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Economy

Public fund may help decomission Fukushima

Fukushima Daiichi nuclear power plant in northern Japan

TOKYO -- Japan's Ministry of Economy, Trade and Industry is considering a public fund to ensure progress in the decommissioning of the Fukushima Daiichi nuclear power plant, ministry sources said on Saturday.

This Feb. 9 photo shows the crippled No. 3 unit of the Fukushima Daiichi nuclear power plant.

METI is specifically considering a new fund at the government-backed Nuclear Damage Compensation and Decommissioning Facilitation Corporation, the sources said.

A massive earthquake and tsunami hit the northeastern part of Japan on March 11, 2011. The twin natural disasters also triggered the meltdowns at the Nos. 1, 2 and 3 units of the nuclear plant.

According to the sources, the new fund would provide necessary financial support to Tokyo Electric Power Co. Holdings, or Tepco, the operator of the crippled nuclear plant, to help it carry out the decommissioning work.

Tepco would have to eventually repay any money to the national government, but over a long period, the sources said. The sources also said that the scheme under consideration would minimize the public burden while ensuring steady progress in the decommissioning work.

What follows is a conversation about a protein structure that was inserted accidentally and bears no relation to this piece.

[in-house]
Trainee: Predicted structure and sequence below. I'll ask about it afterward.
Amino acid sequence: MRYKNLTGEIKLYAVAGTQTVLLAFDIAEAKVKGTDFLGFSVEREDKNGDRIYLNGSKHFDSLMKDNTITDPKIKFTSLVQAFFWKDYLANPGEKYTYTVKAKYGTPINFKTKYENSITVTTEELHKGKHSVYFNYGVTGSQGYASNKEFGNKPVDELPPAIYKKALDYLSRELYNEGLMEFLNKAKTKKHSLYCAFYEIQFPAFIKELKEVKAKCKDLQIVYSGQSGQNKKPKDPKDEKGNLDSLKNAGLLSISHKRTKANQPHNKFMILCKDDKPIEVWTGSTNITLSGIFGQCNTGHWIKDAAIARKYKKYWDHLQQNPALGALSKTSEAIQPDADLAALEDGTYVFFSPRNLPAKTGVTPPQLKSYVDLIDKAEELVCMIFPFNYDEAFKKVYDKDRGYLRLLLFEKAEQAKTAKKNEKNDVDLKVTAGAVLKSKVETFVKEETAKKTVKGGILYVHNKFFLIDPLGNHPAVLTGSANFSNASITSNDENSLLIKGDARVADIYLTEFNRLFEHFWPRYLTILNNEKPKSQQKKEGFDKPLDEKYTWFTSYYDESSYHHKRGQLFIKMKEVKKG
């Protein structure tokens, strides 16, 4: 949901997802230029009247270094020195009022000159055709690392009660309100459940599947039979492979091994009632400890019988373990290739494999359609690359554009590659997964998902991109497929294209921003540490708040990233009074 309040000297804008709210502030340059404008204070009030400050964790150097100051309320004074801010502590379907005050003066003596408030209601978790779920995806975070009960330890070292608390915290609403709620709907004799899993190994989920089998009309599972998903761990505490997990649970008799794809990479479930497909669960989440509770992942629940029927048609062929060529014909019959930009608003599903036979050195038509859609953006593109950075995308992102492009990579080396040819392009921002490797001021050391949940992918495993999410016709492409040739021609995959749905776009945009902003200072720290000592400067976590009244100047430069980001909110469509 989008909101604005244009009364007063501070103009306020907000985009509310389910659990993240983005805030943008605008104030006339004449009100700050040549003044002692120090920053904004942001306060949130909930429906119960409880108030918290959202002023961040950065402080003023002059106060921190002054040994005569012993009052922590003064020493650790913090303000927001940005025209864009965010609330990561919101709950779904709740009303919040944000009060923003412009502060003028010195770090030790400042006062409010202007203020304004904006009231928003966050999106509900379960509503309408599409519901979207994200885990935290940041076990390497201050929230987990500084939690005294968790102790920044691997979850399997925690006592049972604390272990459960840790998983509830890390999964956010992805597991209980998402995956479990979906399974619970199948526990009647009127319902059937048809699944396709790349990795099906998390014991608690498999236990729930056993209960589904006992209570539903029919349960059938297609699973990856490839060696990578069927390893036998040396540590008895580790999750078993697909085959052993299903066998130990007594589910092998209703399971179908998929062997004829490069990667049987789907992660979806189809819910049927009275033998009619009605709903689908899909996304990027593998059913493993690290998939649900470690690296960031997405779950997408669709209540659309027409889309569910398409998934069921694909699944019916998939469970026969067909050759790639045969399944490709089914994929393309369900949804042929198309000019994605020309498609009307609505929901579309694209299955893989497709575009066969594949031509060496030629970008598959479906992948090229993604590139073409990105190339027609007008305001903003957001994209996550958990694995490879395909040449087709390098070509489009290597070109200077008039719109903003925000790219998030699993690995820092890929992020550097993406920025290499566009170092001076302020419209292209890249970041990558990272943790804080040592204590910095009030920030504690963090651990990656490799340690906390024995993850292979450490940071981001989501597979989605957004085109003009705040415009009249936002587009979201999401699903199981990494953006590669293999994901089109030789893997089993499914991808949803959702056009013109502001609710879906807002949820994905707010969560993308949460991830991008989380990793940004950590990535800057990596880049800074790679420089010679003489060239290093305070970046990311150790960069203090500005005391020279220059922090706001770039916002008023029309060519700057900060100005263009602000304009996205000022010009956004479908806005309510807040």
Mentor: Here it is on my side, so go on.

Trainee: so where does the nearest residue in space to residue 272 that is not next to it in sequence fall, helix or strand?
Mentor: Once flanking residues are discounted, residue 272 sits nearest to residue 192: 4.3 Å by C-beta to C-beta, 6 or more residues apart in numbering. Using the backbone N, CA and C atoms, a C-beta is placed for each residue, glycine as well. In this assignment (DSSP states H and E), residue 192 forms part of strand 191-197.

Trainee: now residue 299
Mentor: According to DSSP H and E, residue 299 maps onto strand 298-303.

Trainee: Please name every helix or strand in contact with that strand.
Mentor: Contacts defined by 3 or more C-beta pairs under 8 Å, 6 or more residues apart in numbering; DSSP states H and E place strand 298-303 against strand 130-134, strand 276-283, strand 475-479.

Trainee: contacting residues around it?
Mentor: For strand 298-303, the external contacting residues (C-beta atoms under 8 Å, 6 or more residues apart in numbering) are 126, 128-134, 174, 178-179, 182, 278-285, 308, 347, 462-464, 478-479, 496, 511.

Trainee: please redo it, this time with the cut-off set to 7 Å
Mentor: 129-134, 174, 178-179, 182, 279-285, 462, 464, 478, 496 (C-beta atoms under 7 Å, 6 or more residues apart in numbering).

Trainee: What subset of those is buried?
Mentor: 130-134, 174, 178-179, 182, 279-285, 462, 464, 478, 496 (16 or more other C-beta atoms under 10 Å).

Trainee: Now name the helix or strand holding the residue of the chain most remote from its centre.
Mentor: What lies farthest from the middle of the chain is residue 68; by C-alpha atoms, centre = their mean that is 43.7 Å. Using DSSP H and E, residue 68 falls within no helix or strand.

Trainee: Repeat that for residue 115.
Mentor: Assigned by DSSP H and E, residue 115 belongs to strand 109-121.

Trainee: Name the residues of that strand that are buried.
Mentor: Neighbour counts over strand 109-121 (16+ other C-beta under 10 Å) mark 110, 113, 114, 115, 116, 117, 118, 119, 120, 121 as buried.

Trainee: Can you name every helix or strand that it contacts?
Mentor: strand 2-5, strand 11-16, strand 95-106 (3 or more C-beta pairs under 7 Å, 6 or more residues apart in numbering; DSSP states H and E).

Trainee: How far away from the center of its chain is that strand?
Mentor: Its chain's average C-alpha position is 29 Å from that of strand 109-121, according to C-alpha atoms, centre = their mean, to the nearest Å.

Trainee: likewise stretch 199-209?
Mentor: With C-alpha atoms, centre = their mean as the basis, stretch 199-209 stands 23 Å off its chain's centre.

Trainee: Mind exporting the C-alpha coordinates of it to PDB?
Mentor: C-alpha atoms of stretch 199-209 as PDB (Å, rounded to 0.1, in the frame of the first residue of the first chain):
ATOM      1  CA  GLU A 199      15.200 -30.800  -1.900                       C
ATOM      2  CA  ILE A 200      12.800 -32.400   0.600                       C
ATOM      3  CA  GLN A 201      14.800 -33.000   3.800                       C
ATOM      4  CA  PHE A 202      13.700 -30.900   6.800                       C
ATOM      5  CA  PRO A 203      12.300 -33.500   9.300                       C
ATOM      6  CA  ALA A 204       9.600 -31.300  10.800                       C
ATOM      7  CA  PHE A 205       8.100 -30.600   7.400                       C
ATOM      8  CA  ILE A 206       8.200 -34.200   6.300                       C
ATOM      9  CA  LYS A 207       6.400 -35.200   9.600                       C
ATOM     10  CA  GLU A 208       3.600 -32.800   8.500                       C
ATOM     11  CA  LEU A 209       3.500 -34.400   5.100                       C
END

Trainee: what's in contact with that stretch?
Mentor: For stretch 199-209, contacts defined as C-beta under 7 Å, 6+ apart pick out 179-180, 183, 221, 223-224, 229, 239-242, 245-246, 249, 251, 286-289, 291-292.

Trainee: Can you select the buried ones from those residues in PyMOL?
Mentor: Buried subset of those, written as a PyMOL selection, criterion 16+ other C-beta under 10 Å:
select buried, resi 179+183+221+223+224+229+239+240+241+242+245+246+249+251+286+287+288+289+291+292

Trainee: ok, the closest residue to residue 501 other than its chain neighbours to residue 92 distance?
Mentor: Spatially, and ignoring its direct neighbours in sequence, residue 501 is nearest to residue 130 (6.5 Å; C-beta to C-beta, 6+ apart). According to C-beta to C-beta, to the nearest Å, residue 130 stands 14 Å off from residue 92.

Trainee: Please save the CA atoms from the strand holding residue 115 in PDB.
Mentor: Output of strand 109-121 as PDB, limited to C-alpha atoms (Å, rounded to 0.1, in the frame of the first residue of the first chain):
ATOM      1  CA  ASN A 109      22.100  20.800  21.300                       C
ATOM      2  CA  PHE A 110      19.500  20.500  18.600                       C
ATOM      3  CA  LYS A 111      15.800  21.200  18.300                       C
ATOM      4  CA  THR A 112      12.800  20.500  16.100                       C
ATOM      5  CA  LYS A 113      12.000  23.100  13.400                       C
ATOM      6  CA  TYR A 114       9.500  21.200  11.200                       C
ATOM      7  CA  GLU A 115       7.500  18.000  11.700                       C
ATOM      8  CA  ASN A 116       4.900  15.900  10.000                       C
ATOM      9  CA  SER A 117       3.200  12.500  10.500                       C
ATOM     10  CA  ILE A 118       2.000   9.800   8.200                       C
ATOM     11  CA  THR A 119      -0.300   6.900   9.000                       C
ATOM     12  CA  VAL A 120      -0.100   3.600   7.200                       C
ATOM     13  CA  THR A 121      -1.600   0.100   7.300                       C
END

The Nuclear Damage Compensation and Decommissioning Facilitation Corporation currently has a majority stake in Japan's largest utility.

It is said that removing melted nuclear fuel and other decommissioning work will take several decades to complete. The work is estimated to cost a few trillion yen (tens of billions of dollars).

As things stand now, Tepco will be able to secure around 2 trillion yen ($19.6 billion) to implement the decommissioning work.

If the exact cost of the decommissioning work is determined and if Tepco takes the accounting step of booking reserves in a lump sum to cover the cost, the utility's liabilities could exceed its assets.

If Tepco were to fall into such a financial crisis, the decommissioning work as well as compensation payments to victims could be stalled. This would delay the reconstruction of Fukushima Prefecture.

METI would make the creation of the fund conditional on the utility drastically reforming its management, the source said.

METI could submit necessary bills, including one to revise the law concerning the Nuclear Damage Compensation and Decommissioning Facilitation Corporation, to the Diet, Japan's parliament, early next year.

Speaking to reporters on Thursday, Tepco Chairman Fumio Sudo made clear that the utility will seek state aid for the decommissioning work and said that the cost of the work will "have a considerable impact" on the company's management.

(Nikkei)

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